SERVICES AND CARE FOR THE ELDERLY
Resource type: News
Congressional Quarterly |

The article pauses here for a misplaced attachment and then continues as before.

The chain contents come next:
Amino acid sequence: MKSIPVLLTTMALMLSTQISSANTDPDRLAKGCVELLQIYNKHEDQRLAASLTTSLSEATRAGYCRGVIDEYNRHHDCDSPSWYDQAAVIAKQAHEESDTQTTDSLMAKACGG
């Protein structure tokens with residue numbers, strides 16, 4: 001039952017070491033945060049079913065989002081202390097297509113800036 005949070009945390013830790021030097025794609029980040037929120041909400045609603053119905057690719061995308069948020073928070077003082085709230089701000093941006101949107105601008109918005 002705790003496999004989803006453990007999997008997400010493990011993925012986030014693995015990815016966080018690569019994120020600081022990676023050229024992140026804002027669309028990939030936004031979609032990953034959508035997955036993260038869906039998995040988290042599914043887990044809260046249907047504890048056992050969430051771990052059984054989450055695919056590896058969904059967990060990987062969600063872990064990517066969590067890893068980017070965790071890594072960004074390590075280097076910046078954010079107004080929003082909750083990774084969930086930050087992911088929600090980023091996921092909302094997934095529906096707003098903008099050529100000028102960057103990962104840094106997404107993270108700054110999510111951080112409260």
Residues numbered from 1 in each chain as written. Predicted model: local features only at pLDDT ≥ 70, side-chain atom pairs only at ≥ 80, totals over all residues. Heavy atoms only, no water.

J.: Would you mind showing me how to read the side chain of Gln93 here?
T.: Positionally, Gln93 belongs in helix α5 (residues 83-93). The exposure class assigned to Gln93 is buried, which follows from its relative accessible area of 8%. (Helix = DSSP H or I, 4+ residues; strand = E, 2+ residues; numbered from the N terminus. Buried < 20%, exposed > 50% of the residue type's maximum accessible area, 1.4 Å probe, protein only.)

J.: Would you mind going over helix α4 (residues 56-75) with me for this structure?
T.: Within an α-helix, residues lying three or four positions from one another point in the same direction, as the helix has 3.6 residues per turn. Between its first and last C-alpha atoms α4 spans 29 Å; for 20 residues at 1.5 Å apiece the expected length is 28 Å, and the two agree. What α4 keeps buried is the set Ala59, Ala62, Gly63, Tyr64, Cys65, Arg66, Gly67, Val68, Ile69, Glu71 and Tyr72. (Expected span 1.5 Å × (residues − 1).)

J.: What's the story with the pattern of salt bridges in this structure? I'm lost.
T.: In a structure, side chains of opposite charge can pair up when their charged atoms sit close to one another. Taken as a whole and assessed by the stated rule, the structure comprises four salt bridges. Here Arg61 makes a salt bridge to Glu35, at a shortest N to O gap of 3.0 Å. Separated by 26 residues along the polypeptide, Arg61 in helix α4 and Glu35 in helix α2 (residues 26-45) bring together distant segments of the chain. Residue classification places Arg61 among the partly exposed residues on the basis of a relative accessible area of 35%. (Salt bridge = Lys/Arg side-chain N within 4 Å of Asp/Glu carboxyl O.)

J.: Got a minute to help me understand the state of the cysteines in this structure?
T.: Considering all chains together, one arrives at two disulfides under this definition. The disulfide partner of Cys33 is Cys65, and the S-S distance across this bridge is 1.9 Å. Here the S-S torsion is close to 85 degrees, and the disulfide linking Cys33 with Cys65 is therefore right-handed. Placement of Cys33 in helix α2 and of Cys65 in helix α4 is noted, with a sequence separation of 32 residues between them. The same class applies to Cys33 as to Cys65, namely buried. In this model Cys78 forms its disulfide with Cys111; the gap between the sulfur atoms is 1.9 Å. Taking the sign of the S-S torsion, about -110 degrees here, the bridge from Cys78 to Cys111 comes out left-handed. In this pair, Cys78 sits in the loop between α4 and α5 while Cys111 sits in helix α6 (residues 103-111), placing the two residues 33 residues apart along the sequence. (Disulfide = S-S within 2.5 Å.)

SECTION: CAPITOL HILL HEARING TESTIMONY LENGTH: 1726 words Statement of Dr. Diana White Senior Research Associate, Institute on Aging Portland State University Committee on Senate Special Aging July 23, 2008 Good morning Senator Casey, Ranking Member Smith, and members of the Committee; I very much appreciate the opportunity to participate in this hearing on person-centered care. I have been participating in efforts to create more person-centered long-term care practices since 2001. For most of that time I worked for the Oregon Health & Science University’s Hartford Center of Geriatric Nursing Excellence and I am continuing that work at Portland State University. The Hartford Center partnered with the State’s Unit on Aging, Seniors & People with Disabilities, and 10 long- term care facilities (nursing homes, assisted living, residential care) to develop person-centered care practices. In 2003, the partnership expanded when Oregon received a Better Jobs Better Care Demonstration grant from the Robert Wood Johnson Foundation and Atlantic Philanthropies. Our partners included 8 provider organizations (nursing homes, home care, assisted living, residential care), the long-term care trade associations (Oregon Health Care Association, and the Oregon Alliance of Senior and Health Services), the Oregon State Board of Nursing, and many others. Through BJBC, we worked to improve living and working environments for direct care workers and residents through person- centered care practices. I was the local evaluator of that project. One of our first challenges was to clarify and define what we meant by “person-centered care.” We went through a rigorous and systematic process to create a definition and then a measurement tool we could use in our evaluation. As our own thinking and experience evolved, we began to use the term “person-directed” rather than “person-centered” because we wanted to emphasize that residents, even those with severe cognitive and physical impairments, need to be in charge of their care. Person-Directed Care is a way of thinking about care that honors and values the person receiving support. Well-being and quality of life are what the person receiving services says they are. Supporting people the way they want to be supported is more important than completing a list of care tasks. The elements comprising person- directed care are: –personhood, knowing the person, choice and autonomy, comfort, and relationships. Definitions of each of these elements are attached to this statement. I should note that developing consensus on the definition of person-centered and person- directed care is an ongoing process in the field. To implement these practices, organizational systems must be in place. For all staff, this means: –adequate education and training –ability to be an advocate for residents –ability to make decisions about care with residents –having the time to work with residents –teamwork –skilled supervisors –adequate staffing I would like to provide some examples from two nursing homes who participated in the BJBC project as well as the earlier project. At Mennonite Village, a nursing home in Albany, Oregon, residents go to a dining room of their choice at any time of day and order from a menu, which is different every day. If they don’t see something they like, they know they can request a sandwich or eggs, or some other favorite food. Certified Nursing Assistants, or CNAs, have food handler permits, so dining hours are extended to all hours of the day or night. If someone wants a hamburger at 1:00 AM, they can get it. Food waste has almost been eliminated, residents are no longer parked dozing in the hallways waiting for meals, the dining areas are quieter and more conducive to conversation, resident and family satisfaction with food has increased, and direct care staff point to this program with pride. At Rogue Valley Manor in Medford, Oregon, a nursing assistant meets with each new resident to learn how and when they like to get clean. If the person is used to showers at night, they continue to get showers at night. If they prefer a bath in the morning, they can get that, too. If bathing or showering is painful or frightening, a towel bath might be a comforting solution. The CNA also learns what kinds of soaps, shampoos, or lotions are preferred, whether hair should be washed during the bath or shower or at a different time. Sometimes a resident with dementia can’t describe preferences or routines. The CNAs get what information they can from the resident, they ask family members, they talk to each other, and, most importantly, they pay a lot of attention to the behaviors of the resident to figure out the rest. During this process, they also identify what kind of music or conversation would be pleasurable to the person to help put them at ease. The shower or bathing schedule is then built around resident preferences. Staff have the flexibility to “go with the flow” if a resident does not feel like following their routine on a particular day or requests a different routine. This person- directed bathing practice has resulted in reduced stress and increased pleasure for staff and residents. At both these and at many other facilities throughout Oregon, person-centered care practices have not stopped with dining or bathing programs described here. Each led to new activities as staff and residents experienced successes and saw different areas that needed a person-centered approach. For example, with flexible dining and bathing schedules, at both of these facilities, residents get up and go to bed when they want, some residents go to breakfast in their pajamas if that was their routine in the past. Some facilities have started therapeutic gardening programs, and almost all are experimenting with ways to build team and leadership among direct care staff. Many facilities have experimented successfully with worker-directed care teams. These teams make their own assignments to residents, mentor new staff, and do their own scheduling. Building renovations are occurring, beginning with eliminating nursing stations to create living room areas. All of the organizations most engaged in these activities report more satisfied and vibrant elders, and more satisfied and empowered staff. We have learned that the ability of organizations to develop and sustain person-directed care practices is related to four areas: first, an organizational culture compatible with a personcentered care philosophy is necessary. We found that those who were most successful in making changes were open to doing things differently and considered this work to be core to their mission rather than a project to be completed. Second, top management must be engaged and committed, but able to delegate leadership to others. Support from corporate leaders is critical. Third, all staff must be a part of the change and committed to making things work. They must have a real voice and meet regularly to plan and evaluate their activities. Many organizations need help in learning how to lead effective meetings and hold one another accountable for following through on team decisions. Finally, successful organizations create person-directed care practices that make sense for their settings, the residents or clients receiving support, and for the staff who work there. As a result, details vary, but new practices are more likely to become integrated into operation of the organization. A DVD on transforming dining practices recently produced in Oregon provides an example. Four facilities radically changed dining practices, but all did it differently, including family style, buffet, and 2 different restaurant-style approaches. Although exciting and rewarding, the process of culture change is not easy, even when organizations are committed to making these changes. Long-term care has many challenges, most associated with limited resources of time, staff, and funding. We would like more investment in the organizations that are working toward person- directed care practice changes. An example is a partnership between Oregon’s Seniors & People with Disabilities and 12 nursing homes using civil penalties funds. We would like a formal certification program that recognizes those organizations that meet specific benchmarks reflecting person-directed care practices. The magnet program managed by the American Nurses Credentialing Center and North Carolina’s NOVA program provide models. The ability to implement and grow persondirected care practices depends on a strong and stable workforce. I echo the recommendations provided by Robyn Stone, John Rowe, and others to this committee last April on “Impending Shortages of Health Professionals.” Education of the workforce needs to emphasize persondirected care principles. The trade associations in Oregon prominently feature culture change at their annual conventions. The ECLEPs project educating nursing students, and Better Jobs Better Care and the Jobs to Careers initiatives for direct care workers are other examples as is development of universal workers that allows flexibility in staffing. Most regulations governing long-term care do not contradict person-directed care practices; however, review mechanisms are needed to assure that they support both safety and person-centered care practices. In all of these efforts, we need to continue to clarify what we mean by person-centered or person- directed care and continue to develop ways to define, measure, and sustain these practices. More research can inform us about best practices for implementing culture change activities and determine the extent to which they help the people they are meant to serve. We need to learn directly from residents how well these changes are meeting their own needs, values, and preferences, and the extent to which they feel honored, respected, and part of their communities. Person-directed care practices continue to evolve in Oregon. I will leave you with a Philosophy Statement that has been adopted by key stakeholders, including government and provider organizations, and information about several ongoing person- directed care initiatives. All involve statewide coalitions composed of multiple partners. Again, thank you for this opportunity to share our experiences and our hopes to transform long-term care. COMMITTEE: SENATE SPECIAL AGING TESTIMONY-BY: DR. DIANA WHITE, SENIOR RESEARCH ASSOCIATE AFFILIATION: PORTLAND STATE UNIVERSITY Copyright 2008 Congressional Quarterly, Inc. All Rights Reserved.